Aggressive bidding for renewable energy capacities appears to have started recoiling on the industry at large as a distribution company (discoms) call for renegotiation of the power purchase agreements (PPAs) they have signed in recent years at higher tariffs. Also, discoms are known to use measures such as grid curtailment and payment delays to compel developers to offer discounts.
Bid tariffs quoted were as low as Rs 2.44/unit for solar power in May 2017, down 45% compared with Rs 4.43/unit in March 2016. While for wind power, the quoted bid tariff of Rs. 3.46/unit in February 2017 was 17% lower than the lowest feed in tariff of Rs. 4.16/unit in India.
This has prompted many discoms to openly voice their reservations on honouring the PPA/Letter of intent (LoI) for nearly 3 GW. These include Andhra Pradesh (~1.1 GW), Gujarat (~250 MW), Karnataka (~900 MW) and Tamil Nadu (500 MW), which had signed PPAs/Lols at feed-in tariffs or at much higher than the recent bid tariffs.
CRISIL Research has analysed factors such as the difference between PPA tariffs and average power purchase cost (APPC) in a state, the renewable penetration of a state and the financial health of discoms to assess the extent of the renegotiation risk.
Says Prasad Koparkar, Senior Director, CRISIL Research, “In all, ~7 GW of solar projects tendered/ awarded at tariffs of Rs 5-8/unit over fiscal 2015-2017 could be at risk. PPAs or letters of intent for these capacities, in Uttar Pradesh, Andhra Pradesh, Karnataka, Telangana and Punjab, were inked at tariffs 12-66% higher than the APPC of these states. Even in wind energy, 2-3 GW of projects which were allotted or had PPAs signed over Q3-Q4 fiscal 2017 at feed-in tariffs is at high risk of renegotiation. Taken together, CRISIL Research believes, investments worth Rs 48,000 crore are currently at risk.”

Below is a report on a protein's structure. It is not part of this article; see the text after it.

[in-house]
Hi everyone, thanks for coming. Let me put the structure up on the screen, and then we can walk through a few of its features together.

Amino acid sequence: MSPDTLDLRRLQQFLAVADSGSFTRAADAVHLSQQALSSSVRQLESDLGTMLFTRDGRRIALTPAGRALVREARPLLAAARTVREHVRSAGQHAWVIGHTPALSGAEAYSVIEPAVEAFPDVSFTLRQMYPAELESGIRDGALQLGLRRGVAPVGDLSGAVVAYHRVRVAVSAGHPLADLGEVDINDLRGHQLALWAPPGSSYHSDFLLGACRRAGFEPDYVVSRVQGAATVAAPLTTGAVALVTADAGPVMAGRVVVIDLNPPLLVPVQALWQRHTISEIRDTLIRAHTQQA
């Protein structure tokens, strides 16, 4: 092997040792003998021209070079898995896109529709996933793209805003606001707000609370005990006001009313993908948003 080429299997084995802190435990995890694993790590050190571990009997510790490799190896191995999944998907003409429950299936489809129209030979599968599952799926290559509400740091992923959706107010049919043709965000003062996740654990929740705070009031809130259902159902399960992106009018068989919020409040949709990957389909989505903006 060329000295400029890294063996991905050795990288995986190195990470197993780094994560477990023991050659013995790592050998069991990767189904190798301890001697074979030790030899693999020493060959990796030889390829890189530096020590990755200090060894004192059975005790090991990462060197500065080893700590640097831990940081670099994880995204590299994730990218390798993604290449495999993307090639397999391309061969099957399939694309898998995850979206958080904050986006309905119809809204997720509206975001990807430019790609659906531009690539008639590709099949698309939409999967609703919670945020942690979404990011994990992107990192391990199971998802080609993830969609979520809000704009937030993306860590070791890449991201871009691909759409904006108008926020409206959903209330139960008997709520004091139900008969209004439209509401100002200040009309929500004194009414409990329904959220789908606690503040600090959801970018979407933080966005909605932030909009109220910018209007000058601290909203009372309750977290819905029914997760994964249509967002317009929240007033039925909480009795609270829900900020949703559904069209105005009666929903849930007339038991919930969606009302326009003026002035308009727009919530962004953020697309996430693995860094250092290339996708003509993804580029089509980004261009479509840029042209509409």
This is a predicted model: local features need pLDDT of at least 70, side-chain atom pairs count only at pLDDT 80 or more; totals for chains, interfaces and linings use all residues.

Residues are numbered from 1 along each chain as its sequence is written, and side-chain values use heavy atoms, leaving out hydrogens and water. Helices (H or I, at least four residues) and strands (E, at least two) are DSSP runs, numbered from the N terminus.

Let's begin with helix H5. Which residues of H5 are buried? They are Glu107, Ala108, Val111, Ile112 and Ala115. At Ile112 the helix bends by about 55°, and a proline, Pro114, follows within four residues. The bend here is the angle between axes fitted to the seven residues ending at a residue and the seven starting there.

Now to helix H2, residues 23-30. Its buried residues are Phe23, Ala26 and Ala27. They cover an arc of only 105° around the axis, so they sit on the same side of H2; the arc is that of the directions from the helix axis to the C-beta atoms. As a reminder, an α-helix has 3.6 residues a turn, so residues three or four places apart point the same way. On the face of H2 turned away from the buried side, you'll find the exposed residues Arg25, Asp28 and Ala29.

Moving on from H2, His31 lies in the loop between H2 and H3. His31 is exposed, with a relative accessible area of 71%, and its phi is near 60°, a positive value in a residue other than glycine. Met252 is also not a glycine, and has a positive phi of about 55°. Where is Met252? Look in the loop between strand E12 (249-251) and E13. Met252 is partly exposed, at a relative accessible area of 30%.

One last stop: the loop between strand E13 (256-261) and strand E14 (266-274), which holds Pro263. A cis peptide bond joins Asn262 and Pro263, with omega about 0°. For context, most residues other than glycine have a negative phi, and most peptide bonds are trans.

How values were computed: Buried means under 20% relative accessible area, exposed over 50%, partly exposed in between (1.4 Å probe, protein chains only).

CRISIL Research believes wind-based capacity additions are likely to fall to 1.5-2 GW in fiscal 2018 compared with 5.5 GW in fiscal 2017. Growth in solar capacity additions, too, is expected to be below the potential.
If discoms have their way, a downward revision of PPA tariffs would adversely impact the returns of the wind and solar energy projects already constructed. A 10 paise/unit reduction in tariff impacts equity internal rate of return by 80-90 bps for wind power and by 150-160 bps for solar power.
Concurrently, this could spark a spate of court cases and the essence of the National Solar Mission may be lost in delays.
Banks, too, would be more cautious in lending to renewable energy projects, considering even discoms relatively strong financially are renegotiating PPA tariffs, without any legal grounds or force majeure conditions.
It also casts doubt on the enforceability of contracts. This, at a time when India needs a whopping Rs 6 trillion investments to meet its commitment of 175 GW of renewable energy power by fiscal 2022.
That said, CRISIL Research believes there is a glimmer of hope in the decision of the Appellate Tribunal of Electricity, which had in 2013 struck down a petition of Gujarat Urja Vikas Nigam Ltd seeking to lower the PPA rates for commissioned solar capacities in Gujarat.
Says Rahul Prithiani, Director, CRISIL Research, “Our analysis of standard PPAs in major states indicates contract termination is not legally allowed if there is no delay in project commissioning. Global experience, too, suggests as much. In Germany, for instance, despite, a fall in feed-in-tariff, there has been no instance of such renegotiations on long-term contracts. It is in the sector’s interest that the rates discovered through competitive bidding in a PPA already executed be honoured, given that it is a legally binding contract between two parties. Further, future PPA contracts need to be watertight, with specific clauses to safeguard developers from renegotiations”.